Education Choice: The Opportunity to Learn in Different Ways

4 Elementary aged students hold pencils and write on a piece of paper together

Someone once told me, “You will know you are successful if you can create a school where students line up outside the gates begging to get in, like they do when an iPhone is released at the Apple Store.”

So much of what you hear about school choice has to do with funding, accountability or public versus private schools. These are all important conversations on the topic of school choice and should not be ignored. I think it is also important to highlight the other types of school choice that exist. School choice provides students with opportunities to learn in different ways. As an educator and mother, I encourage everyone participating in the robust school choice debate to join together to create new, innovative, and effective models of learning for students. This is an example where a district (with the same funding and accountability) made big changes and gave parents a choice.

Several years ago, our superintendent challenged all of our schools to “change the way we do school.” In response, four teachers, one principal, and myself set off on a journey to create our district’s newest school, Design39Campus.

Design39Campus is a fully-funded public school that serves transitional kindergarten through 8th grade students. In the makeup of Design39Campus, we wanted to change the way students experience learning by rethinking the systems and structures of traditional schooling: Why force all students to learn at the same speed? Why aren’t all students allowed to pursue a learning method that works best for them?

Primarily, we wanted to shape our campus to fit the needs of those whom the school exists to serve – students.

In the early stages of Design39’s creation, we held workshops where parents and students shared what success in education meant to them.  Rather than tell parents what their kids’ school was going to look like, we asked them to complete sentences such as: “Imagine a place where students could…” The ideas and suggestions we gathered from parents laid the foundation for the culture of Design39Campus.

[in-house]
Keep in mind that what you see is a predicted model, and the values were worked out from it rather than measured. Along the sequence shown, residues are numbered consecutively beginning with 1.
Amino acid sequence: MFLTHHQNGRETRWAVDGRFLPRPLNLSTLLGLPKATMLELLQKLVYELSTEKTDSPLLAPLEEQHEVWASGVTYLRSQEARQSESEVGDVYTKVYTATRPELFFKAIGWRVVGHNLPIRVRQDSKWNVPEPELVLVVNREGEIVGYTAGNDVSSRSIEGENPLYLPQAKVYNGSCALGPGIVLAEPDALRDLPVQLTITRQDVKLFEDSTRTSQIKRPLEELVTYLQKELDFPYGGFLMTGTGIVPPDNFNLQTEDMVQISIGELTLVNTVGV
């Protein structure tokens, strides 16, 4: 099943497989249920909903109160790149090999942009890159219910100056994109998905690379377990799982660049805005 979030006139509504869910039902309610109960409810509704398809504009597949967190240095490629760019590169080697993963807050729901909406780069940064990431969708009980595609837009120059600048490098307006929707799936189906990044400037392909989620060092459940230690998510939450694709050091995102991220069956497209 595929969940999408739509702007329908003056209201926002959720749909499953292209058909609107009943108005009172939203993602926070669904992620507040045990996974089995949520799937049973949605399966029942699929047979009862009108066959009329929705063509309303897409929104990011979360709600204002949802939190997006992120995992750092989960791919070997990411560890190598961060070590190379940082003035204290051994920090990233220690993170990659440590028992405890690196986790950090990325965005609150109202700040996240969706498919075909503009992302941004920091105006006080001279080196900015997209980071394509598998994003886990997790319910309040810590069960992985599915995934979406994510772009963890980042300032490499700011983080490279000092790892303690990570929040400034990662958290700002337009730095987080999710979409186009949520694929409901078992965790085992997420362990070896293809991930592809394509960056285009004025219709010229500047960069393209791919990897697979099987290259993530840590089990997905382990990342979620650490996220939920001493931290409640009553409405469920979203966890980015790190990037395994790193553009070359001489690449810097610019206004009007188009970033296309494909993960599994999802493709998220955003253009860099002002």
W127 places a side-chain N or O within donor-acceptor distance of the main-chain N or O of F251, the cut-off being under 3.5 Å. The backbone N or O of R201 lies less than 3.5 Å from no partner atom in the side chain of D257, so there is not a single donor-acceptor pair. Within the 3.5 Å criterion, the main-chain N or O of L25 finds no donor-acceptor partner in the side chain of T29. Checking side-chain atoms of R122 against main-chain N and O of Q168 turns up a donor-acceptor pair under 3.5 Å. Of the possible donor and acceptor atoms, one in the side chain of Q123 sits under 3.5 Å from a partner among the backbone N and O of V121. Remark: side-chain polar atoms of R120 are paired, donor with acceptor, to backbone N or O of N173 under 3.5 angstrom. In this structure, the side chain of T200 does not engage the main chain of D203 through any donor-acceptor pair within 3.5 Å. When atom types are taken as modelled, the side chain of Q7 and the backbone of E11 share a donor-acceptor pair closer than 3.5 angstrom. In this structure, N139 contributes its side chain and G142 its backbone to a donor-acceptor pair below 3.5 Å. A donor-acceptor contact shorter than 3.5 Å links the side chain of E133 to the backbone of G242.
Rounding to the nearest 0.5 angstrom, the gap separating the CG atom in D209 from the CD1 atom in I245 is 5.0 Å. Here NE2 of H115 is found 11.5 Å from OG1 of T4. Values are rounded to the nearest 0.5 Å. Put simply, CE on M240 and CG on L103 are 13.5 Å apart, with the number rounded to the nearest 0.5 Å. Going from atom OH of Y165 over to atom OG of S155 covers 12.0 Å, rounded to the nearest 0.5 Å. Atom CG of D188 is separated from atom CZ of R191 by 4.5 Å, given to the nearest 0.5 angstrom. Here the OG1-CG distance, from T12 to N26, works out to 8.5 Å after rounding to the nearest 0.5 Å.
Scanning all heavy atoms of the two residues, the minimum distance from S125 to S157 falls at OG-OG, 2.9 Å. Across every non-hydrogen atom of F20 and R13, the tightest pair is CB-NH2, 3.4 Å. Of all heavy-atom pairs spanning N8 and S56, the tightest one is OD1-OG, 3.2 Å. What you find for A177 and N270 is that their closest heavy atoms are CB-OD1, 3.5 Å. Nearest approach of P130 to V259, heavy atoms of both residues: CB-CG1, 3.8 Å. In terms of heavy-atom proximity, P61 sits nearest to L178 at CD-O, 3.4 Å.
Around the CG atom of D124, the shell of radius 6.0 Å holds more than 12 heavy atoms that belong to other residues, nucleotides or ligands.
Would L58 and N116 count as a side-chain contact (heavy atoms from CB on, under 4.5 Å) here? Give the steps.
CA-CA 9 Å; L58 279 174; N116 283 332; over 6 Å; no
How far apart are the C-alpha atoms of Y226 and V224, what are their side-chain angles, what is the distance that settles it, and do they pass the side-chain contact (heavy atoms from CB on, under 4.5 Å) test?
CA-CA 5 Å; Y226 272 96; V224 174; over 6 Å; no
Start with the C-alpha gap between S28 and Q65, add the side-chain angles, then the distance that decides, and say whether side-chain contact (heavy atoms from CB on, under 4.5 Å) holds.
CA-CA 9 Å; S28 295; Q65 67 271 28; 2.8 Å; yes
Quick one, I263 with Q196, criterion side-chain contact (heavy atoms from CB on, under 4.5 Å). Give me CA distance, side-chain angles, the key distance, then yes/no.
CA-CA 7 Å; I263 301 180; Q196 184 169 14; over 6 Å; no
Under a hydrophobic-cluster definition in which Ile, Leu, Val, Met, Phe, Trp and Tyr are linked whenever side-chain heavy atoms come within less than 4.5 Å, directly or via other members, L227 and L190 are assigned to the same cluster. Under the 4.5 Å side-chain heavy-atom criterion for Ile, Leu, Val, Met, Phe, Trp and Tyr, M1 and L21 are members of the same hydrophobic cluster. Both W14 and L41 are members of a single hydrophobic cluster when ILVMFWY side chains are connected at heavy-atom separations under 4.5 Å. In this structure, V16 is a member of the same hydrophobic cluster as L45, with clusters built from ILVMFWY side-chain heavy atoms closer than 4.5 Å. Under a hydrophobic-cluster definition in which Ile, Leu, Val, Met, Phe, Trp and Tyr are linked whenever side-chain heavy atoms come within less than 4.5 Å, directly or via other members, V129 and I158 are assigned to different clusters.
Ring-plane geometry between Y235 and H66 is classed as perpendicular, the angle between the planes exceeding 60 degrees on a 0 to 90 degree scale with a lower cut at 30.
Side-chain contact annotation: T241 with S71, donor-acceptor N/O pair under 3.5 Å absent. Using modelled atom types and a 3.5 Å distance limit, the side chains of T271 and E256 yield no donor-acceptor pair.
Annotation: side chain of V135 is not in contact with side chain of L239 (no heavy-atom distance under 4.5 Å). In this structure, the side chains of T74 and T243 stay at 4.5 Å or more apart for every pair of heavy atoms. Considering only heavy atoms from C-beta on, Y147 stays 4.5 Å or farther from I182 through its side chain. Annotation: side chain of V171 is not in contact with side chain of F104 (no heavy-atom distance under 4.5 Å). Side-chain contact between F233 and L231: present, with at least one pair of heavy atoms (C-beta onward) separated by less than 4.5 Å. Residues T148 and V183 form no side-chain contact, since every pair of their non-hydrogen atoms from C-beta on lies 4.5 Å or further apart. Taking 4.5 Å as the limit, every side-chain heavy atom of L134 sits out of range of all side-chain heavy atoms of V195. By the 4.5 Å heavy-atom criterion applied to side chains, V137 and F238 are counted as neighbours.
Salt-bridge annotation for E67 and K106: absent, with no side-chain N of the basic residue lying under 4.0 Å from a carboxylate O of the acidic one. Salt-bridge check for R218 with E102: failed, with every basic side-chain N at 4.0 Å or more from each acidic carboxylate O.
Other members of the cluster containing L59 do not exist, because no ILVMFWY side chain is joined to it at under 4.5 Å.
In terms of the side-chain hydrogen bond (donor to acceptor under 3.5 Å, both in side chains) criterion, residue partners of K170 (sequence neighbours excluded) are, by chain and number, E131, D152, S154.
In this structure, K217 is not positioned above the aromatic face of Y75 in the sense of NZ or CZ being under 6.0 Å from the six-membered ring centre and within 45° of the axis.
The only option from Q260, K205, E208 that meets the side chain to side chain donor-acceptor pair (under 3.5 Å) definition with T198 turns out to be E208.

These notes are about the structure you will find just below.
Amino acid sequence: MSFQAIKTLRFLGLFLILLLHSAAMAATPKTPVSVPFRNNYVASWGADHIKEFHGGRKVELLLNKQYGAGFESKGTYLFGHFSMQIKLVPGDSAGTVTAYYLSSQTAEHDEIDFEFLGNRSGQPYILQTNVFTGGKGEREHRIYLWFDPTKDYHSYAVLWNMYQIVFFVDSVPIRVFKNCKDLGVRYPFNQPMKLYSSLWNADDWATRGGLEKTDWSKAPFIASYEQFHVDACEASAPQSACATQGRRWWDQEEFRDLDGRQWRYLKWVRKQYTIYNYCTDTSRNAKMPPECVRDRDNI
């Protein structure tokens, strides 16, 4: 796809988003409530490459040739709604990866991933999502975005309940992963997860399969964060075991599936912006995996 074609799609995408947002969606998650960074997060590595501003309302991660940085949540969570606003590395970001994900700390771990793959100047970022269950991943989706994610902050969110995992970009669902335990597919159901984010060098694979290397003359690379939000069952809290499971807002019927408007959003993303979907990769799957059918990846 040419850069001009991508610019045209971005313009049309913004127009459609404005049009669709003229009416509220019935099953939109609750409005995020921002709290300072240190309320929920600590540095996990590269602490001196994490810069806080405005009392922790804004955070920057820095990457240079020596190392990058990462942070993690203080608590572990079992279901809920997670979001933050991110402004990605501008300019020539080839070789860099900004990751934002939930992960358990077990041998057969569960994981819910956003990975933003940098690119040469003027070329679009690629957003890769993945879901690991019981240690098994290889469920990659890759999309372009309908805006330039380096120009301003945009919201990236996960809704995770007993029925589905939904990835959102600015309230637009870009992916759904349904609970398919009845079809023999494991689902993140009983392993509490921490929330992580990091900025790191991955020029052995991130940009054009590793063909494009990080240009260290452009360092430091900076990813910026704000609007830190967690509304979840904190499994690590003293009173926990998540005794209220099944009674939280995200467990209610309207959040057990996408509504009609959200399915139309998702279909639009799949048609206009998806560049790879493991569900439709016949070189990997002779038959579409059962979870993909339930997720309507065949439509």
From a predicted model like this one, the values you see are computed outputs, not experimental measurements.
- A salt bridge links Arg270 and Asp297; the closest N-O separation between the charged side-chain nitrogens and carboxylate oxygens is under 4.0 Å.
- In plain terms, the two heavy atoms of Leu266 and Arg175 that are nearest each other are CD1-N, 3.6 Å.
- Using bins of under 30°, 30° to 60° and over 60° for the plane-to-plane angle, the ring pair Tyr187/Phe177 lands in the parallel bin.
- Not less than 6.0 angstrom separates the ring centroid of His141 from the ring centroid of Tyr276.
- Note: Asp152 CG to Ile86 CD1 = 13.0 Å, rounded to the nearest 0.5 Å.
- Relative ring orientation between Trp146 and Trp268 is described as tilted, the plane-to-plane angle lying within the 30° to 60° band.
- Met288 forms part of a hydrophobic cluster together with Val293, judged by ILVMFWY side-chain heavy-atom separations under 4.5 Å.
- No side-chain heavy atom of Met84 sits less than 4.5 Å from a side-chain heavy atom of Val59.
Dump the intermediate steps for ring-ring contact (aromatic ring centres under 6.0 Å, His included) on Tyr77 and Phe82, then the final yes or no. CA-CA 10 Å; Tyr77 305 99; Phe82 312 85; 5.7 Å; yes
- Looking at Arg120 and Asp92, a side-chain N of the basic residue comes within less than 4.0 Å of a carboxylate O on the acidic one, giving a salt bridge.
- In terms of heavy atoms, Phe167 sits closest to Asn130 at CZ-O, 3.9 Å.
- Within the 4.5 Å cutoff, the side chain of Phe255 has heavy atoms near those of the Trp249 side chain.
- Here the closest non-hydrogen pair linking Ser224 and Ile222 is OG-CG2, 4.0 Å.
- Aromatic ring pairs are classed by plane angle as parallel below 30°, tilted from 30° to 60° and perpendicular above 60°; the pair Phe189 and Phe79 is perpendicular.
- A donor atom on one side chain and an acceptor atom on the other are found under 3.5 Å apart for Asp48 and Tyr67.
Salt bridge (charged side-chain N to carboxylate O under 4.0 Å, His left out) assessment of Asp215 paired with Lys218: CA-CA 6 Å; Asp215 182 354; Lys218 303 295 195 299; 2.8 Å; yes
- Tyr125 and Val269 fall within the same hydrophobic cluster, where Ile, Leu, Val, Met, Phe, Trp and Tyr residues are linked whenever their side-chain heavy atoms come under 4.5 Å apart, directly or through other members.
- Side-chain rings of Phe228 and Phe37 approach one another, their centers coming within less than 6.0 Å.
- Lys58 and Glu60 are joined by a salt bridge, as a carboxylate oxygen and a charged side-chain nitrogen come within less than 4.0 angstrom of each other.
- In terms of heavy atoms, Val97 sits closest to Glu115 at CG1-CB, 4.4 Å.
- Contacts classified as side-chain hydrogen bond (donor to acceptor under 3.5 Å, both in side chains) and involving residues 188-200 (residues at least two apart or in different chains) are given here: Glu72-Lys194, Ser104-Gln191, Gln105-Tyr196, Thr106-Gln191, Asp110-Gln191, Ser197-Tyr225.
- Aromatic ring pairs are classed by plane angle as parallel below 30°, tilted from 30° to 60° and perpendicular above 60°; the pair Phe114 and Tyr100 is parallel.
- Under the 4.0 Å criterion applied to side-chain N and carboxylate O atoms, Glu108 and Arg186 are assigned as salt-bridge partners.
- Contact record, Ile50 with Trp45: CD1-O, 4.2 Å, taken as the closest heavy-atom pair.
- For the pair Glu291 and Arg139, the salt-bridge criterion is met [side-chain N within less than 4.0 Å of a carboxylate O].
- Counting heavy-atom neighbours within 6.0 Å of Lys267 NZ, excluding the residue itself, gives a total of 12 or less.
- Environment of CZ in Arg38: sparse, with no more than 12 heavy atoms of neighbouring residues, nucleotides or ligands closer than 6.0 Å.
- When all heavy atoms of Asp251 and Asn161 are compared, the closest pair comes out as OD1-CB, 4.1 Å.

Even though Design39Campus is in our 5th year, we continue to ask the “why” questions. We never want to stop evaluating and prototyping with support and feedback from our teacher, parent, and student community.

And this constant evaluation has brought results.

“Let us in!” came the chant of 52 first graders insisting to come in from recess so they could continue working on their biography projects in preparation for an exhibition to showcase their learning. That challenge to create a school where kids line up, begging to get in? Mission accomplished!

Students at Design39Campus are invested in their learning because it’s real. Through inquiry, one of our 8 guiding principles, comes exploration and creativity. We explore concepts with questions such as: What do the stories we tell reveal about the values of our culture? How might what you measure determine how you measure?

Recently, our 4th and 5th graders played a role in choosing their next field trip destination. Teachers asked their students to research field trip locations that would match the topic of study. Then, after the students calculated the miles and cost of transportation, each student pitched their field trip proposal to be evaluated and voted on by their peers. Turning everyday tasks into valuable learning experiences is typical at Design39Campus.